It is a truth universally acknowledged, that a woman in possession of an annex within which a body has been found must be in want of an excuse to forget all about it, and Gail Platt is determined to do just that on the basis that it’s Bethany’s 16th birthday and they’re having a party. Many have had cause to wonder what has happened to Gail of late, and I never questioned this more as she sang Abba's Waterloo into Bethany’s face while Sarah sat looking every bit like a person in the midst of a murder enquiry should.
Don't get me wrong, I enjoy funny Gail when the moment merits it, but I had hoped this gruesome discovery would have heralded the return of old Gail. However, it seems she is to remain farcical, even in the worst circumstances, leading me to believe that her response to being a member of the Platt family, and all that comes with it, is to simply pretend she isn't.
While I appreciate it was Bethany's birthday, I couldn’t quite believe they were having a party, and carrying on as normal, considering their current situation, seemed easier than it should be.
Thank goodness for Sarah, Billy, Jason and Todd whose responses are at least fittingly serious, and David Platt, whose reaction to everything is perfectly typical. Tina O’Brien continues to play a star turn as Sarah becomes paranoid about Bethany’s safety, worrying about who she’s getting presents from, and embarrassing her daughter by texting and running to meet her in front of her friends.
In a marvellous scene between Sarah and Todd which bridged the end of the first and the start of the second episode, she tells him she saw Callum’s dead body, and claims to be responsible for his death. Todd’s shock is real and palpable as he takes this to mean she killed Callum. A suspicious David arrives on the scene and escorts Sarah away as Todd looks on, a shot which I found to be fittingly sinister. I was slightly disappointed that Sarah and Todd used Billy’s anniversary as an excuse for their visible upset, but I suppose they had to come up with something.
This now leaves Todd in an impossible, and therefore compelling, position. After earlier vowing to distressed Jason that he’ll figure out a way to get him off the hook, does he now go to the police and tell them about Sarah’s ‘confession’? It seems he doesn’t feel he can. So what does he do? In another great scene, he confides in Billy who is suitably flabbergasted, and now wonders if Sarah had been trying to confess to him before. Todd begs him for advice and all Billy can say is that he should do the right thing. Meanwhile, Jason rather unhelpfully has to be publicly held off Gemma in the Rovers after she calls him a murderer, and he shouts that he’s glad Callum is dead.
Norris is ripped off when tile man Alistair drives off with his slates, and Mary’s Camilla mug. Of course Phelan is on stand by to offer his assistance at a knock down price, having set the whole scam up, and Mary insists Norris accept his kind offer.
I just love the nature of Phelan’s villainy; always smiling, always entering stage left at the right moment to save the day. I normally like to know what has made someone so evil, but Phelan’s behaviour is such that I can accept that he’s just a bad ‘un, plain and simple. Afraid of nothing, capable of anything, and therefore, deliciously terrifying with a satisfying dash of humour for good measure.
Over at the Rovers, Tracy’s efforts to take Amy home fall flat as her daughter decides she’s staying put. It’s quite something to think that anyone would be so eager to return a child to the care of Tracy Barlow, but Michelle and Steve both feel, for some reason, that she’d be better off at home with her Mam. Enter surprise visitor Will, and Amy’s new source of blackmail. Suspecting Will is more than an old friend, she tells Michelle that she’ll be staying or else Steve will be finding out about the mystery visitor.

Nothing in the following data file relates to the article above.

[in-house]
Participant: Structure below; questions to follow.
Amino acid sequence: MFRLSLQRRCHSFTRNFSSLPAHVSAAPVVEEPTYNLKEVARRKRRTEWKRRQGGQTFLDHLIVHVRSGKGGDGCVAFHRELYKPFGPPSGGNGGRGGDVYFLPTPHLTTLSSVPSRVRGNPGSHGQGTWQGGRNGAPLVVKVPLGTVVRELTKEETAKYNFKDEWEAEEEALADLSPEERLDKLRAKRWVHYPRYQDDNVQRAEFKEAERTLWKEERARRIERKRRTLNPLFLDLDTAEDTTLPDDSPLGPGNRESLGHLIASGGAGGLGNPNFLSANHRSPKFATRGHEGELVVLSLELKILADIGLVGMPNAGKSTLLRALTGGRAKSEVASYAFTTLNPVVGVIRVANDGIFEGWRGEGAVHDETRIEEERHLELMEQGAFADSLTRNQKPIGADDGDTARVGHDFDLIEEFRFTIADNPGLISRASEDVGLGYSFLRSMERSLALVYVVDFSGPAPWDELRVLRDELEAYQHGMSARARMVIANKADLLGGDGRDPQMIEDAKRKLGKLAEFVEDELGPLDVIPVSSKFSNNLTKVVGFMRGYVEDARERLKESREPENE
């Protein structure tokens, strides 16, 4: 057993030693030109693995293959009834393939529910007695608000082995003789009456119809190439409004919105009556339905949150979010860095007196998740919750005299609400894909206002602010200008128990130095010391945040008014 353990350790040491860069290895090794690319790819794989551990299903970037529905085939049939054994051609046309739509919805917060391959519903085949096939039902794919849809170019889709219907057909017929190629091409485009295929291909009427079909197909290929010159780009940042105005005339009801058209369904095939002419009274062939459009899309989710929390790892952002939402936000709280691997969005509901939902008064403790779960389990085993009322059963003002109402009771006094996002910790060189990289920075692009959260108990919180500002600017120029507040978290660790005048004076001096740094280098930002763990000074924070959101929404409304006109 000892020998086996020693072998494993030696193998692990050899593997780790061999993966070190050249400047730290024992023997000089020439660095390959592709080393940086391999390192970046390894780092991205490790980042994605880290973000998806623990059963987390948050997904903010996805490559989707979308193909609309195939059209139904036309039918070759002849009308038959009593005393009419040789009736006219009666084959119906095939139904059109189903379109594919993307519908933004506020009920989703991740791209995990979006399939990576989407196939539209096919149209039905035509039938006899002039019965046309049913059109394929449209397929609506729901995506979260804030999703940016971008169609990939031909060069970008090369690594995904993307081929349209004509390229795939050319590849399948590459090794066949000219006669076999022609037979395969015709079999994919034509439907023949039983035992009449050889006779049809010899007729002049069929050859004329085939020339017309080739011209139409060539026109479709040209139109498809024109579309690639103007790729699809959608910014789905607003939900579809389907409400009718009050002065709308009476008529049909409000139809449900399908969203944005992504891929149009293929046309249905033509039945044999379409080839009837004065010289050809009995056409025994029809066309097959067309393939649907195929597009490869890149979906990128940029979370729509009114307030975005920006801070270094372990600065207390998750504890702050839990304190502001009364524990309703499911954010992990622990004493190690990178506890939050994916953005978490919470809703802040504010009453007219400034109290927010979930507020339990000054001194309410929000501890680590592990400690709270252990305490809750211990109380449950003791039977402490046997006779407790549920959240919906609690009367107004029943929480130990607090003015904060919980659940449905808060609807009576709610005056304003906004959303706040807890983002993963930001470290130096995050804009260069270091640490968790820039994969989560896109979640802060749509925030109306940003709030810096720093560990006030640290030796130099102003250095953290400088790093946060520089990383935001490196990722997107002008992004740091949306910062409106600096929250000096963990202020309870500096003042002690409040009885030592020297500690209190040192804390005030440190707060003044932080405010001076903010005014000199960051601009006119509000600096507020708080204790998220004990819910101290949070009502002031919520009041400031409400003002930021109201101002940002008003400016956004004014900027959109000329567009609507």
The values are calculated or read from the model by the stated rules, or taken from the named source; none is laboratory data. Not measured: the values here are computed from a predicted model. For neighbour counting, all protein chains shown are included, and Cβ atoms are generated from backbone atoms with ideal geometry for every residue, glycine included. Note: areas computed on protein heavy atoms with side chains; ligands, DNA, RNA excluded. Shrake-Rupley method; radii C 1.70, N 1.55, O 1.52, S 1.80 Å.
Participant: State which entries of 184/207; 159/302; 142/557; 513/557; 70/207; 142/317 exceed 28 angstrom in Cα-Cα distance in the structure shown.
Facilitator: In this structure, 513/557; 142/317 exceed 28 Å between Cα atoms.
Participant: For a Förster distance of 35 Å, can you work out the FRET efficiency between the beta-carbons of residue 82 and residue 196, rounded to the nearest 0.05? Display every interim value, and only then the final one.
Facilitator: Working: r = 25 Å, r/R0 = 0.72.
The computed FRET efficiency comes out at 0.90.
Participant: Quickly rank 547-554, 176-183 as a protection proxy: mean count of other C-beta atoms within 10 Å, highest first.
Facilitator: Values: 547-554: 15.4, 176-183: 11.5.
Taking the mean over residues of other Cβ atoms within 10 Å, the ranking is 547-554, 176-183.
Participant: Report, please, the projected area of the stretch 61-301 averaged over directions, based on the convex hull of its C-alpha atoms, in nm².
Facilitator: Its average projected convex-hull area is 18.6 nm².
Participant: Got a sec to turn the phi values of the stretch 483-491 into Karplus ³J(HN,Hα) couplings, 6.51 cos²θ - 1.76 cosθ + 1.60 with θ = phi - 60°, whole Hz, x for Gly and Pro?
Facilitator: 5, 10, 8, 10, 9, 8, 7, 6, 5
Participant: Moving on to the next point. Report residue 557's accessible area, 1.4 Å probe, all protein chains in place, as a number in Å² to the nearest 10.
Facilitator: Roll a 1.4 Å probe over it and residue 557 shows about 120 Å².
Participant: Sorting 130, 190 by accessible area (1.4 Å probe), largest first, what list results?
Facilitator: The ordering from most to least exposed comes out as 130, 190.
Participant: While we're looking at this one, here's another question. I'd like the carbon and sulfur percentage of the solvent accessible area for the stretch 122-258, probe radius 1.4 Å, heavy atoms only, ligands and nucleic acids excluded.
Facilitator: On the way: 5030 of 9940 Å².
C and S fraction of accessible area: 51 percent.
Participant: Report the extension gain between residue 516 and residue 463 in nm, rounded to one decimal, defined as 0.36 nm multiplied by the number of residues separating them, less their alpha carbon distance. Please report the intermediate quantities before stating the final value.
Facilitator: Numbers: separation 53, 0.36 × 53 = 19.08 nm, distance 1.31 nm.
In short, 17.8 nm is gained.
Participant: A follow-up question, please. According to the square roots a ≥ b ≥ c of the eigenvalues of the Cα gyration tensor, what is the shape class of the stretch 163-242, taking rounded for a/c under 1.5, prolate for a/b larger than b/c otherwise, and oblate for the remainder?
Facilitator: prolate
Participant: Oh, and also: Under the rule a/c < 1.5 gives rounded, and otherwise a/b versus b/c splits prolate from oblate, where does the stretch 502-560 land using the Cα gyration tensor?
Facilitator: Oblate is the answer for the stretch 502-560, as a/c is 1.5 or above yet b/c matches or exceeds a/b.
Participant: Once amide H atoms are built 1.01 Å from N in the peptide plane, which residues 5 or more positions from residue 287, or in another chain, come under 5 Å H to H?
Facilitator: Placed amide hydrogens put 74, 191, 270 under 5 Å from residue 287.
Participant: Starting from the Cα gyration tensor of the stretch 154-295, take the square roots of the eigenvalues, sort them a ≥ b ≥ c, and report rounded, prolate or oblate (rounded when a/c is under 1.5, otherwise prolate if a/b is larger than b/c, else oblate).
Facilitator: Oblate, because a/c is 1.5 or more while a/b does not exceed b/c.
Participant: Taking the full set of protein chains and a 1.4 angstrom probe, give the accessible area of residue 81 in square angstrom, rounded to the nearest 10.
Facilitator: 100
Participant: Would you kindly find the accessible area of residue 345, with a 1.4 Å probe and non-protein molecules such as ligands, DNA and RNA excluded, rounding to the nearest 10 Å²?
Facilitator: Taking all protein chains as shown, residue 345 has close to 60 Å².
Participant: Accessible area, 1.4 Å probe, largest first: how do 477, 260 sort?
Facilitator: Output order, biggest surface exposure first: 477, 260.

There was still clear chemistry between Will and Michelle in those few moments, and again, I think I’d rather see her with him than Steve, as I don’t really believe in them as a couple any more, and I'd rather see fireworks.
Another couple that I don’t believe in and really should split are Chesney and Sinead. After her attempted kiss with Aidan was rather mean spiritedly revealed by Eva, Chesney is angry and doesn’t believe her when she says she doesn’t want anyone else, and that she was merely drunk and upset. After a chat with Gemma which made me wonder if they’d be better off together, Chesney has a change of heart, brings some flowers home and they make up. Why? There is no chemistry between them and they don’t appear to bring out the best in one another. Chesney needs a good uplifting storyline, and Sinead needs someone who isn't jealous of the fact that she's an underwear model.
Troubled couple number three are Zeedan and Rana. With Yasmeen and Sharif off to Newcastle, he invites her over, telling her they’ve the house to themselves. It’s not long before she tries to lead him upstairs and he’s having none of it on the basis of his belief that they shouldn’t have sex before marriage. She’s none too pleased and walks out accusing him of picking his beliefs over her. It’ll be interesting to see if he holds fast, or gives in to her.
Out of these two episodes, my favourite aspects were Todd excelling with a storyline he deserves, Phelan's conniving, Billy's shock, every scene with Sarah in it, and Gemma. From heading straight to the pub in her 'walk of shame' clothes after being ditched by her one night stand in a sports car to lamenting the ladybird not being number one on the most loved insects list, and consoling Chesney, she continues to light up every episode she's in.
By Emma Hynes
The Little Book of Carla Connor
A Decade in the Life of a Soap Queen
An unofficial Coronation Street companion book
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